Making the most out of your derivatives

Have you tried our newly launched USDT-margined futures? 

What’s USDT Futures?

USDT futures contract is a linear derivative product quoted and settled in USDT. Each contract has a face value of a fixed amount of digital tokens, traders can long a position to profit from the increase of a crypto’s price, or short a position to profit from the decline. Currently, we offer BTC, ETH, BCH, EOS, XRP, BSV, and TRX USDT pairs with a leverage level of 0.01–100x, both in fixed and cross-margin mode.

From inverse to linear

Our existing token-margined futures is an inverse trading product that is settled based on the token trader selects. Inverse futures contracts are the most popular derivatives for trading crypto. It is settled in BTC (or the base currency trader selects) instead of USD, and are often used for hedging fiat value of crypto as they amplify trader’s profits when calculated in USD.

The P/L in linear futures, in contrast, correlates linearly with the movement of the crypto. A price movement in the underlying asset of the contract translates directly into a specific dollar value per contract.

For example, here’s a comparison between BTC/USD and BTC/USDT futures:

The two contracts differ in settlement currency. For inverse futures, P/L is calculated in BTC, while linear futures uses USDT. But how exactly does it affect trader’s profits in different markets? We’ll take buying Bitcoin as examples to further illustrate.

Let’s dive in.

1. Short Positions

Suppose 1 USDT = 1 BTC.

When the BTC price is USD 10,000: 

  • Token-margined Futures (inverse futures): Use 0.1 BTC and 10x leverage to short 1 BTC = 100 contracts (face value: USD 100)
  • USDT-margined Futures (linear futures): Use 1,000 USDT and 10x leverage to short 1 BTC = 10,000 contracts (face value: USD 0.0001 BTC)

If the BTC price falls by 10% from USD 10,000 to 9,000, P/L would be:

Traders can profit using both USDT-margined futures and Token-margined Futures to short BTC when the price falls. Yet when profit is calculated in fiat, token-margined futures generates a lower profit than USDT-margined futures. The profit of a token-margined futures correlates with the movement of BTC, thus trader’s profit decreases along with the BTC price.

2. Long Positions

Let’s say the value of 1 USDT = 1 USD.

When the BTC price is USD 10,000:

  • Token-margined Futures (inverse futures): Use 0.1 BTC and 10x leverage to long 1 BTC = 100 contracts (face value: USD 100)
  • USDT-margined Futures (linear futures): Use 1,000 USDT and 10x leverage to long 1 BTC = 10,000 contracts (face value: USD 0.0001 BTC)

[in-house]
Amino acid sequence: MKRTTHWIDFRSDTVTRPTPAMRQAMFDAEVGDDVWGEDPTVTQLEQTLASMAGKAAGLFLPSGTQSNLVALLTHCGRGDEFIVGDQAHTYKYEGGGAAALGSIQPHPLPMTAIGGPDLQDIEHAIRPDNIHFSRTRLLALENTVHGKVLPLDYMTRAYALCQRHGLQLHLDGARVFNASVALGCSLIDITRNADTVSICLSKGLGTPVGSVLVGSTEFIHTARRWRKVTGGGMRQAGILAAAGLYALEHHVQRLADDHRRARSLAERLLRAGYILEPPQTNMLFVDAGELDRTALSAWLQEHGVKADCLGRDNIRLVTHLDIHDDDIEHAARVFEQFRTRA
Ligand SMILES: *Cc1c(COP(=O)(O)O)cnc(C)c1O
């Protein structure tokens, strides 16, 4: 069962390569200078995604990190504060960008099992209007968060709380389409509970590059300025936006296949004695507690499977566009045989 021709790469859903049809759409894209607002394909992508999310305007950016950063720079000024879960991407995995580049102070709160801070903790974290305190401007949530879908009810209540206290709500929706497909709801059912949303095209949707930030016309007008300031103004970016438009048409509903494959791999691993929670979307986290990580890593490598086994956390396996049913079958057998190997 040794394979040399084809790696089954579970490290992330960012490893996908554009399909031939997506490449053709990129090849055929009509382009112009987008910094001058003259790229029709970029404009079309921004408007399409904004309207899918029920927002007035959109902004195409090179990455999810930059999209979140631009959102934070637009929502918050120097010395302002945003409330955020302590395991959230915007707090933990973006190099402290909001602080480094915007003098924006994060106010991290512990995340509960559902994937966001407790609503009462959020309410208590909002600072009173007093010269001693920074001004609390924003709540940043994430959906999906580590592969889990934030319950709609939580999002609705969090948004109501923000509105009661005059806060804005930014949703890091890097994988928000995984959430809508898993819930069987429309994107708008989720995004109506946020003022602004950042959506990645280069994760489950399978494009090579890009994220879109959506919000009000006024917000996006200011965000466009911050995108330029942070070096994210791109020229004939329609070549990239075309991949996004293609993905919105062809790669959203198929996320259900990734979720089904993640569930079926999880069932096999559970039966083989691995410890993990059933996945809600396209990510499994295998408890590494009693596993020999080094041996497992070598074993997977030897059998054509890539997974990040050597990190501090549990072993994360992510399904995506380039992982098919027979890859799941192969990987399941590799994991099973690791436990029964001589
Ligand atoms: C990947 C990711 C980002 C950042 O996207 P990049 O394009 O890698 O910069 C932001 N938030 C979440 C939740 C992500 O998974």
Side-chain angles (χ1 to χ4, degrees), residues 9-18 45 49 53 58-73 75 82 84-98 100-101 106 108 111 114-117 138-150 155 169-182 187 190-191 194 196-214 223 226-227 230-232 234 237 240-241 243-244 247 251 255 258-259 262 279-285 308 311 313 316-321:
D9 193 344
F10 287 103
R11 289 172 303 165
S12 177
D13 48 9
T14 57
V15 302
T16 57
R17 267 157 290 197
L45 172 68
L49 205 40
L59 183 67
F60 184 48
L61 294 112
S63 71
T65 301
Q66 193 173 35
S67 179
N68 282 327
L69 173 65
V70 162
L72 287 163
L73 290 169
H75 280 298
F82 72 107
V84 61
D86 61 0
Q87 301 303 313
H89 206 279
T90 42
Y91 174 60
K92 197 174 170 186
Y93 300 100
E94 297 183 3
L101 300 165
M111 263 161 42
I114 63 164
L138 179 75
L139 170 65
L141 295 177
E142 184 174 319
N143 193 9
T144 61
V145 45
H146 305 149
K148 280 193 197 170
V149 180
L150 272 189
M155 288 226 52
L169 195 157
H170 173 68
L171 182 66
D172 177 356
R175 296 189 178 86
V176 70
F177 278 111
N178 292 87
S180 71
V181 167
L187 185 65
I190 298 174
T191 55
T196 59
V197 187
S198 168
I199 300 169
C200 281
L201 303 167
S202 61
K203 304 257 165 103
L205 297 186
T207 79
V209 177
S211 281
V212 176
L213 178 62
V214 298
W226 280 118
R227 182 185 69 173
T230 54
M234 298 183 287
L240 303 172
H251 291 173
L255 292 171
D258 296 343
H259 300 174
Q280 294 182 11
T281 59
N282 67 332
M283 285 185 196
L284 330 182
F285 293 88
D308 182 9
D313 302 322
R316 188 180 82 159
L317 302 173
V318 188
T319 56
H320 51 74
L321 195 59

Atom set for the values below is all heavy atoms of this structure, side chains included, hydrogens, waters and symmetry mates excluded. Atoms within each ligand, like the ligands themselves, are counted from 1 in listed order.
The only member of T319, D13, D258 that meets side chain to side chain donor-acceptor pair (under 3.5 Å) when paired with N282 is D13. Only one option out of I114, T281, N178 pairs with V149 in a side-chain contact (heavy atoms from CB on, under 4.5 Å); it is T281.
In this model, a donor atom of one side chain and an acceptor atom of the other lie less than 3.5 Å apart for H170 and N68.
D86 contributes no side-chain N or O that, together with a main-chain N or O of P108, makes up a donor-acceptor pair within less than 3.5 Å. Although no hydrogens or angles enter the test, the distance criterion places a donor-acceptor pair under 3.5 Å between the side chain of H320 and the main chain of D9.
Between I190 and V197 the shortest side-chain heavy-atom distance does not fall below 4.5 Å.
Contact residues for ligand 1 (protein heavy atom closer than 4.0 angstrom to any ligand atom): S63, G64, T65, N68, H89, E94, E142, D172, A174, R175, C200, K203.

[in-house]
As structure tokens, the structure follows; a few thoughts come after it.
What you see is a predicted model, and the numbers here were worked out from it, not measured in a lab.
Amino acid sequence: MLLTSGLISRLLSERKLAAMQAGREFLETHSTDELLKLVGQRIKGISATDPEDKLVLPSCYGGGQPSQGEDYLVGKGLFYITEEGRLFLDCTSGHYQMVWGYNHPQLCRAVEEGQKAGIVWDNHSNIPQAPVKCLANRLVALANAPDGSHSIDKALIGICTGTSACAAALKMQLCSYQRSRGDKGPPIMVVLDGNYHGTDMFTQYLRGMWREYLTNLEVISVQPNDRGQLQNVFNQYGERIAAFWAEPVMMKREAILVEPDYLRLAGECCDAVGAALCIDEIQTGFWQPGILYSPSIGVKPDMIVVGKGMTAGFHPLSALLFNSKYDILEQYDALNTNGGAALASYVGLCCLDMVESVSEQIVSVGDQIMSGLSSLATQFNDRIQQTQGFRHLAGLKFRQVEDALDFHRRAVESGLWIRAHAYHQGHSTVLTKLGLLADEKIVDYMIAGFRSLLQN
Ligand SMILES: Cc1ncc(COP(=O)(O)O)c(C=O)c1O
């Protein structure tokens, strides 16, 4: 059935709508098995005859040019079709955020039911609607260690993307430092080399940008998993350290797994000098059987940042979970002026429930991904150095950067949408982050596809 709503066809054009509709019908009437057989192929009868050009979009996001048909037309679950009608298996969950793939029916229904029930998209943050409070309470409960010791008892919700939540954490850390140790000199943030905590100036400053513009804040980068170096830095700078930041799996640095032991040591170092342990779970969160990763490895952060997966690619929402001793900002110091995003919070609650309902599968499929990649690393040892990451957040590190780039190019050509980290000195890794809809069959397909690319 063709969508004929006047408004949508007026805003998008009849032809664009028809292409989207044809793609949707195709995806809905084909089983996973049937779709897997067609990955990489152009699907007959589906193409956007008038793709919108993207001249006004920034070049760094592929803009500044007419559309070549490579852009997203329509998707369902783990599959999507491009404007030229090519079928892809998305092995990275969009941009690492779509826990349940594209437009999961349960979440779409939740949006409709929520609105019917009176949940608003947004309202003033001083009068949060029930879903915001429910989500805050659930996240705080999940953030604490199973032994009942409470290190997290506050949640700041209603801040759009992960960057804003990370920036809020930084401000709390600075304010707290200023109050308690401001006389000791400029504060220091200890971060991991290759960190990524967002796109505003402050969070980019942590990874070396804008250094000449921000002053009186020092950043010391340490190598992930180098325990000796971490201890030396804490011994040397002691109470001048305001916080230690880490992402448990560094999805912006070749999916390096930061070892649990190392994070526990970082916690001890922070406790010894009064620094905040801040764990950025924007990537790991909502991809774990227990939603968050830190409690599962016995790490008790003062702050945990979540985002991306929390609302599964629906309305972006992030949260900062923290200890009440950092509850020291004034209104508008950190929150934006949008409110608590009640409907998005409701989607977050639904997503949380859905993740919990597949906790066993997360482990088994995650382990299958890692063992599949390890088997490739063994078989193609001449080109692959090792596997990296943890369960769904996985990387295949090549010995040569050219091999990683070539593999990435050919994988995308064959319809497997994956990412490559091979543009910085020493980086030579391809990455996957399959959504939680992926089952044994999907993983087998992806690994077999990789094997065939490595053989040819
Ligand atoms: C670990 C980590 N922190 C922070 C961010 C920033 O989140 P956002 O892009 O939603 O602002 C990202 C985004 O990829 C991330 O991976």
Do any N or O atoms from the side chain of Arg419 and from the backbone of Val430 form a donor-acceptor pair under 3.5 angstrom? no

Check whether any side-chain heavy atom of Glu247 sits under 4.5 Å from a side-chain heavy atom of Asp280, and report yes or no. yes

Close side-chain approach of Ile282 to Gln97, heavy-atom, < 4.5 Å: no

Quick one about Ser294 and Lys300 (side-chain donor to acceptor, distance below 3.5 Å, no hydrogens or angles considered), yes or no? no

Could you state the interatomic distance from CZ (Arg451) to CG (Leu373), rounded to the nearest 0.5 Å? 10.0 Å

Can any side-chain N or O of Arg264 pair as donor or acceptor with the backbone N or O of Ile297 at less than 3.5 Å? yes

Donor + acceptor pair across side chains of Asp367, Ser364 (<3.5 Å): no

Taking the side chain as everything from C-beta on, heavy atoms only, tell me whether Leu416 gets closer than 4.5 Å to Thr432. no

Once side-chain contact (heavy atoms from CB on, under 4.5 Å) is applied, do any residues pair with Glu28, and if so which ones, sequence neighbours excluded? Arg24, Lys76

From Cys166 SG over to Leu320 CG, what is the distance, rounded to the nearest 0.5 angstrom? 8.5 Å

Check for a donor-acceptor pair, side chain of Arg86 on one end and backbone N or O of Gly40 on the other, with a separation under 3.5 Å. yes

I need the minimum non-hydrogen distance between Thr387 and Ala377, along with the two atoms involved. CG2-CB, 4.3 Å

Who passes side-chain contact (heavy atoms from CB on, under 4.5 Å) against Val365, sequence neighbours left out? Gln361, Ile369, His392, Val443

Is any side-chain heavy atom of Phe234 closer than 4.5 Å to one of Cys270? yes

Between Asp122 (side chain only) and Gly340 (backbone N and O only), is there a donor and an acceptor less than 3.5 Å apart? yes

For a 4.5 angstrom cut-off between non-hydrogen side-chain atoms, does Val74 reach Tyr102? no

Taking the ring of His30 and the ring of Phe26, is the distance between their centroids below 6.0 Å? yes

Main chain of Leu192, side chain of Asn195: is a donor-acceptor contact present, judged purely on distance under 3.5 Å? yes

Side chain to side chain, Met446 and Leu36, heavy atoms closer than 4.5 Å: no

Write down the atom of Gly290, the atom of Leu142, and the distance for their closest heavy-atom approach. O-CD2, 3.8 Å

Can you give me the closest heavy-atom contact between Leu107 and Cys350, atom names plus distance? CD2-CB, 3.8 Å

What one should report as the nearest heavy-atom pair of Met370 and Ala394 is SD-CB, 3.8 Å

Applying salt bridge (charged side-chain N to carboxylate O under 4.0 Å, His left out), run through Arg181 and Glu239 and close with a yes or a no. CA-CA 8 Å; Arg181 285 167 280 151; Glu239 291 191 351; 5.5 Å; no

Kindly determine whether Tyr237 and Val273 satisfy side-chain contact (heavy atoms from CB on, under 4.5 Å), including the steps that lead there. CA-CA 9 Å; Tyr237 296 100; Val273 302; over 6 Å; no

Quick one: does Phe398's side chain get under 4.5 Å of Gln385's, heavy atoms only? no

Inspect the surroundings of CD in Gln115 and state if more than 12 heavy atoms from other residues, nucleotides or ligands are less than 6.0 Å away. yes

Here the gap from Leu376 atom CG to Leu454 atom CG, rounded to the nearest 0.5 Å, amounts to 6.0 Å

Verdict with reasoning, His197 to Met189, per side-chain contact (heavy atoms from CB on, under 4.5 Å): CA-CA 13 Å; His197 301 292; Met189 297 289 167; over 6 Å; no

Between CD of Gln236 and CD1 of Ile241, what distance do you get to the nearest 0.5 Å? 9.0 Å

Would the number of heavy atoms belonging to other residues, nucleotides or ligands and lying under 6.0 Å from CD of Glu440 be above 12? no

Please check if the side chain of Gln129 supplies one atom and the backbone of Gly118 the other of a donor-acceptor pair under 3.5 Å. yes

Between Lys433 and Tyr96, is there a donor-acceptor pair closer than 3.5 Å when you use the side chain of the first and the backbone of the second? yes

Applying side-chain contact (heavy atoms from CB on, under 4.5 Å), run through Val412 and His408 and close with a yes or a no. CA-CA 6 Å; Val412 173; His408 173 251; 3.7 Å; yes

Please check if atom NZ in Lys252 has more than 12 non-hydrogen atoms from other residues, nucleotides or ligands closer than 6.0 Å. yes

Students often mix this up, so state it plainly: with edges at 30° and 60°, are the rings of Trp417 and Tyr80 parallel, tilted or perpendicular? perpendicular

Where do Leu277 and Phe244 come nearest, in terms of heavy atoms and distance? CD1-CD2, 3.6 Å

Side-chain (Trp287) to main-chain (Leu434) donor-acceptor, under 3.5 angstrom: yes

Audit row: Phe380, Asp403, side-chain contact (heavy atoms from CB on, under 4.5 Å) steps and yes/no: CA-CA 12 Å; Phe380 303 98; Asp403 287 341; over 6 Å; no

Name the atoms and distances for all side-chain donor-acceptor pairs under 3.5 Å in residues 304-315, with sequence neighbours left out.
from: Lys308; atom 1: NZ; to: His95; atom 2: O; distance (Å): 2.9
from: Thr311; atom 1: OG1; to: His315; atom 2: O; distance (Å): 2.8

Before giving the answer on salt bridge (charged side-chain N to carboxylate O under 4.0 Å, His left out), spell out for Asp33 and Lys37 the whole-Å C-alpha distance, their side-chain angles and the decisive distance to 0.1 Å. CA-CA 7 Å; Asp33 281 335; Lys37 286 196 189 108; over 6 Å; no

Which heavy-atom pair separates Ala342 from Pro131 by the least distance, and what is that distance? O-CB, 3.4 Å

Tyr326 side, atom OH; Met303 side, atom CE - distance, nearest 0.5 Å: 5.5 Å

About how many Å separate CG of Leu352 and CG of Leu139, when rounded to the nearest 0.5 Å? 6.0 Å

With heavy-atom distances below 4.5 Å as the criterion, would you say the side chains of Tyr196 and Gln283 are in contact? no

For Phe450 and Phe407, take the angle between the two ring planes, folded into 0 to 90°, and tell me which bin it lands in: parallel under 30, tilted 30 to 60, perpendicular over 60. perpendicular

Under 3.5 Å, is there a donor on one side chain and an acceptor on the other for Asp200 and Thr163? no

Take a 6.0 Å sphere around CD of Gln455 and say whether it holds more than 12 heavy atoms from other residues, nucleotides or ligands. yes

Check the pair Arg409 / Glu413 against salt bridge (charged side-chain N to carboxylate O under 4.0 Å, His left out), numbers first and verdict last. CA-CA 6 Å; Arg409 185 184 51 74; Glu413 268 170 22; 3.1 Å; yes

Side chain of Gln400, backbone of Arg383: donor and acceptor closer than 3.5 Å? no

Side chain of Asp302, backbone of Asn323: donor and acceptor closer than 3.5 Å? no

If BTC rises 10% to USD 11,000:

In this case, traders can profit from long position from using either of the futures when the BTC price increases. When profit is settled in fiat, traders using token-margined futures can gain USD 100 more than using USDT-margined futures, as the former correlates to the BTC price and hence offers a higher profit similar to the percentage BTC rises.

The Verdict

Due to a difference in the settlement tokens, profits from USDT-margined futures is linear while token-margined profit is convex. How can traders leverage the tools to maximize profits?

In a bullish market, it makes more sense for traders to use open long positions with token-margined futures to maximize profits; when the market turns bearish, using USDT-margined futures to short is a safer option to maintain their gains. 

Similarly, opening long positions with token-margined futures in a short-term uptrend, or opening short positions with USDT-margined futures in a short-term downtrend can help traders enhance their profits.

In short, token-margined futures are more suitable for hedging purposes, such as miners, who tend to HODL certain tokens for a longer period of time, as it allows them to hedge the value of crypto holdings in terms of USD by opening short positions. USDT-margined futures can be seen as an “upgrade” for users who are already using fiat-margined futures to trade, as linear contracts are simpler to operate and do not need to hedge the margin risk like inverse contracts.

Disclaimer: This material should not be taken as the basis for making investment decisions, nor be construed as a recommendation to engage in investment transactions. Trading digital assets involves significant risk and can result in the loss of your invested capital. You should ensure that you fully understand the risk involved and take into consideration your level of experience, investment objectives and seek independent financial advice if necessary.

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